Besides the destruction of entire rural villages, huge amounts of sand and gravel are taken from riverbeds for the construction of real-estate property units, transforming the surrounding lands into monstrous wastelands, with devastating effects on some “national parks” as that of Kirthar. These excavations have reduced the water-table, worsening the conditions of many peasants, dependent on the monsoon rains and tightly squeezed by debt.
It is in this situation, Sindhi nationalist parties have found fertile ground, managing to mask these needs of capital as a war between Sindhi locals and Mujahirs, the Urdu-speaking migrant population which arrived from India after the independence and the partition.
Urban areas are also destined to be expropriated, where not only the lumpen-proletariat and the petty-bourgeoisie live, but also the proletarians that work in large industry or service. The gutting of entire neighborhoods has been underway for several decades. Already in 1975 4,200 houses were demolished, with no compensation. In a suburb of Karachi – Bahria – the State had permitted the Bahria town society group to acquire 16,000 acres of land, but then “realized” that 46,000 acres of land had been occupied under “irregular” purchase conditions.
It is however; from the new millennium that this process has accelerated. From 2002 to 2008, 77,000 housings were destroyed to make space for the construction of the Lyari express-way, of which only 30,000 were compensated with the meagre sum of 30 thousand rupees. In 2014 more than 14,000 homes were demolished in Gujjar nala under the pretext of reducing risk of flooding.
Finally, the on-going demolishment of housing in the famous Orangi district. Formed during 1947 with the arrival of refugees from new India, when the government permitted groups of emigrants to settle freely on some State-land. Today, this massive informal settlement is a beehive in which over a million people live, extending to an area of 22 kilometers. It is Karachi’s largest slum, as well as Asia’s largest and most densely populated.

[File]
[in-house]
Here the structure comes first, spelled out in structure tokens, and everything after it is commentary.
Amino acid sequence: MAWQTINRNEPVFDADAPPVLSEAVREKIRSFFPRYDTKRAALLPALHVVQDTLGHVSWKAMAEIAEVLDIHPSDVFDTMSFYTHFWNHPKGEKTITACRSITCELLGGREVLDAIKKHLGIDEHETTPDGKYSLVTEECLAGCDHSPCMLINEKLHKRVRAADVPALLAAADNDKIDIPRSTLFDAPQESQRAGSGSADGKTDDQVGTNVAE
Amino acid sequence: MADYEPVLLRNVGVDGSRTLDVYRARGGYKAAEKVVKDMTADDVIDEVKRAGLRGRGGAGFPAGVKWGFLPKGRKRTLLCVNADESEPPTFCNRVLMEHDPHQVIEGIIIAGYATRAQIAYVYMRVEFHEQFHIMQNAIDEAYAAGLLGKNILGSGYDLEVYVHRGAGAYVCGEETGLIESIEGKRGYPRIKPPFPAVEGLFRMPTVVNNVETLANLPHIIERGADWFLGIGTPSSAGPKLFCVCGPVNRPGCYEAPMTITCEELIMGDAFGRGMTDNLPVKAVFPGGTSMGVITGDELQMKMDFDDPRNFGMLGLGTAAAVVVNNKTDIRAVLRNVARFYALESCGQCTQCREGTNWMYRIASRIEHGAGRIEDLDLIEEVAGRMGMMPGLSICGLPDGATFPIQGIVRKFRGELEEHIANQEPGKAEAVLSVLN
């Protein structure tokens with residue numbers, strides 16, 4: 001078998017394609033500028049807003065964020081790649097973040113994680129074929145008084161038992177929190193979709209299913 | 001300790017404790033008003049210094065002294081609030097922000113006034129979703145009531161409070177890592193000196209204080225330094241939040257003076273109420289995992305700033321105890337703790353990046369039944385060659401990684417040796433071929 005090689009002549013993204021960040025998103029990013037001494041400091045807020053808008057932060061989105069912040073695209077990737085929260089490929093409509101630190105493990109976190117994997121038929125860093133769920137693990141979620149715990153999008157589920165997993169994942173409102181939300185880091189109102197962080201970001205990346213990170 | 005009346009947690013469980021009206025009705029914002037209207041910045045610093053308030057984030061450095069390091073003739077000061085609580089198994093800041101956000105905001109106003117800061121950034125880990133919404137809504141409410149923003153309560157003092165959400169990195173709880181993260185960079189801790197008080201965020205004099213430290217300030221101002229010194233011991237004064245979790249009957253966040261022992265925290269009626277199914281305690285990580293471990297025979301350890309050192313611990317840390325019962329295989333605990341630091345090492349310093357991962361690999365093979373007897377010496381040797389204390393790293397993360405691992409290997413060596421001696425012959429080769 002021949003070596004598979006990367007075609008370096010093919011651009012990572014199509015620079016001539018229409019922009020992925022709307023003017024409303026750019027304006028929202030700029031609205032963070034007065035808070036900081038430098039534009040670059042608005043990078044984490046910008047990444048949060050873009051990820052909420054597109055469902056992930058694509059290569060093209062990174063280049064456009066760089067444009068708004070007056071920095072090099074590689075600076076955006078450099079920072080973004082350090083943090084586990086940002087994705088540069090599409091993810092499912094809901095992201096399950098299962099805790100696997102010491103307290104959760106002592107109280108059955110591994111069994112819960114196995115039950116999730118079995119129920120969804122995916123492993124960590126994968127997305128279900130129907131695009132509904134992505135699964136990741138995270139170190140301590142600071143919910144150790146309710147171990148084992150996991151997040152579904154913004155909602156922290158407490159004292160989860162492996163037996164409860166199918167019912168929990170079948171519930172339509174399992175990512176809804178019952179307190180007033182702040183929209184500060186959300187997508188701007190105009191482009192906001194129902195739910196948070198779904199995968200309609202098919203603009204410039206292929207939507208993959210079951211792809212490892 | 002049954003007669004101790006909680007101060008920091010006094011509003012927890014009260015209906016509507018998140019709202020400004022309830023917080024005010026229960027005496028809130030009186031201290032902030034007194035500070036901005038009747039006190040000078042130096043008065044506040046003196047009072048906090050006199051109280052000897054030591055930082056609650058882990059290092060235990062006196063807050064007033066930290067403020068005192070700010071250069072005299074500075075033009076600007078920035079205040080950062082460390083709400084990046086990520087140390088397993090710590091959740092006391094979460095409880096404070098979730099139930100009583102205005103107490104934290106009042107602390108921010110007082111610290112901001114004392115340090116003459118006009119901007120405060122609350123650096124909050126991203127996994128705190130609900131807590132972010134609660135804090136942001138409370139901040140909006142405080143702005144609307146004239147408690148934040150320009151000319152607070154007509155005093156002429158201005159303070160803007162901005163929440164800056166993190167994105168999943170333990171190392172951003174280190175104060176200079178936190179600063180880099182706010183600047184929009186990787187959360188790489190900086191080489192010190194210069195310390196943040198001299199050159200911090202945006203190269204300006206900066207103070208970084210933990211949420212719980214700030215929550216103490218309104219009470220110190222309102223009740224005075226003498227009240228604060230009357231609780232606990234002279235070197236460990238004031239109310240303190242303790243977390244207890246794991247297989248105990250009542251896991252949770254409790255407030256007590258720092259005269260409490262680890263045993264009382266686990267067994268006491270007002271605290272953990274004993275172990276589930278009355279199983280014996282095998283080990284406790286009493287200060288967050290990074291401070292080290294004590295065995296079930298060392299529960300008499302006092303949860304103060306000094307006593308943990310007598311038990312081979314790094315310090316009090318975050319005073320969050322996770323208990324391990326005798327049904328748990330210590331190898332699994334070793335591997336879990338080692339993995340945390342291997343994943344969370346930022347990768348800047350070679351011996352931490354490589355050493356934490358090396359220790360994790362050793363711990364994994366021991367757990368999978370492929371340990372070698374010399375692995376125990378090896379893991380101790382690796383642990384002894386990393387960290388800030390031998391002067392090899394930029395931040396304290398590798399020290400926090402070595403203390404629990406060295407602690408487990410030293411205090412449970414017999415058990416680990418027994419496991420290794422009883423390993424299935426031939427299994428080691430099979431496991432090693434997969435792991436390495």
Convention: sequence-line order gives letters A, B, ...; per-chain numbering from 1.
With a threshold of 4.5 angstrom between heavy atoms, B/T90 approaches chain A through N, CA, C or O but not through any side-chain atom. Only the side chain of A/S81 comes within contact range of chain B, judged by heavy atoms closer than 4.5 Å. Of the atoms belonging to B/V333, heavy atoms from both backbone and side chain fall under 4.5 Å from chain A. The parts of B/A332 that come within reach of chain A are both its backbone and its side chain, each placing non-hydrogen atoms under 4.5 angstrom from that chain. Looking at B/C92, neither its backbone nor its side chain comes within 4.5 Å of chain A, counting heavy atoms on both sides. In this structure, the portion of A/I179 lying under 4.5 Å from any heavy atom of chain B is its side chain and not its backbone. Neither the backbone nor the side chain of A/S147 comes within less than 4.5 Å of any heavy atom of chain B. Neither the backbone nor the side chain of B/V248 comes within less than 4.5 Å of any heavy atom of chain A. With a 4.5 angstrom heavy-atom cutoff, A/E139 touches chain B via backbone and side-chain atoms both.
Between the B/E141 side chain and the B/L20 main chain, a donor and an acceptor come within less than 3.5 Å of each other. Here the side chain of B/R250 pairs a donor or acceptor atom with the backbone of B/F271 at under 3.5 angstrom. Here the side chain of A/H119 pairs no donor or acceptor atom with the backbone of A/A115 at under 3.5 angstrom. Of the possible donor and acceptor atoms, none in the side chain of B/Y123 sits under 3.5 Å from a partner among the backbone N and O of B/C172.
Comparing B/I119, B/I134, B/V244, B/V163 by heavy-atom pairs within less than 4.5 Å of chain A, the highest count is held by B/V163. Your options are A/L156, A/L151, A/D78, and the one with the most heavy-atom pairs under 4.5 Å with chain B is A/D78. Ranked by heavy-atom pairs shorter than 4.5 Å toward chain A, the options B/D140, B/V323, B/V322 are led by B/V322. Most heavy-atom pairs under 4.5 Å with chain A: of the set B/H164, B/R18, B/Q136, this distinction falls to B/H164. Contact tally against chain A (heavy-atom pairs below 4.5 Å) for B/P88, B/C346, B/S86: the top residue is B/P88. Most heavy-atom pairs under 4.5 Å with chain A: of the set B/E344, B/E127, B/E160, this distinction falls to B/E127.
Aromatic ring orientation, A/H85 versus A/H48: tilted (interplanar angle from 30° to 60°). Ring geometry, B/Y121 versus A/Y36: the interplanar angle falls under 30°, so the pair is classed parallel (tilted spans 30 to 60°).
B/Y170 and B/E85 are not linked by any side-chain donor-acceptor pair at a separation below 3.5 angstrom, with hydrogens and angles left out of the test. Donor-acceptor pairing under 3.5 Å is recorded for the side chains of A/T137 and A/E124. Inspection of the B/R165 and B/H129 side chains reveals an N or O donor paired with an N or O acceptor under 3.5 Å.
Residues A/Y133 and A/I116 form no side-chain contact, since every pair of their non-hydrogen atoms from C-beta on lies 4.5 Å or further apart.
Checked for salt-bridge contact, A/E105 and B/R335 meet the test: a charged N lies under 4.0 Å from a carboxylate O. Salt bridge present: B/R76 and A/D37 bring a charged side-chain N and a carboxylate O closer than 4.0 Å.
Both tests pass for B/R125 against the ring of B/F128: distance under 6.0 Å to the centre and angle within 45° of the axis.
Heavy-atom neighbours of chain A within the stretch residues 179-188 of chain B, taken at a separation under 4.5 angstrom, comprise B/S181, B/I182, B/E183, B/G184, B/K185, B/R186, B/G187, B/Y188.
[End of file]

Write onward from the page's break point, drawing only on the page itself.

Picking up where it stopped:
As the years passed, a part of this area was recognized as an administrative district. With the arrival of refugees from Bangladesh in 1971, year of independence of the former East Pakistan, and the subsequent uncontrolled growth of the city, Orangi town grew astronomically, with no administrative approval. Today, many workers live there, providing cheap-labor to the industrial districts of the city.
Real-estate development is currently underway on a hilly part, in the north of the city. Reckless demolitions have attacked geological formations crossed by natural drainage canals, channels and water collection depressions. When it rains, downstream areas, like the district of Saadi, are flooded by the water that runs off the hills and, in the event of heavy-rainfall, is channeled into the precarious sewage system, flooding the streets with sewage. Last year in August, three days of monsoon rains flooded majority of the metropolis, cars and houses were carried away by flood water, there were many landslides, over a hundred drowned or electrocuted, thousands displaced. Protests were carried out in various parts of the city.
In 2003, 484 died throughout the province. These tragedies occur in various neighborhoods but particularly where the poor-classes reside, where outlets to the sea for water to dispose have been interrupted or greatly reduced.
A city as huge as Karachi only has two authorized landfills operated by the city administration. The greater part of garbage is thus placed in numerous areas of unofficial garbage collection, which have supplied a recycling industry where contractors hire youth, primarily of Afghan origin, for collecting all recyclable material. The rest is either burned or abandoned waiting for the next flood.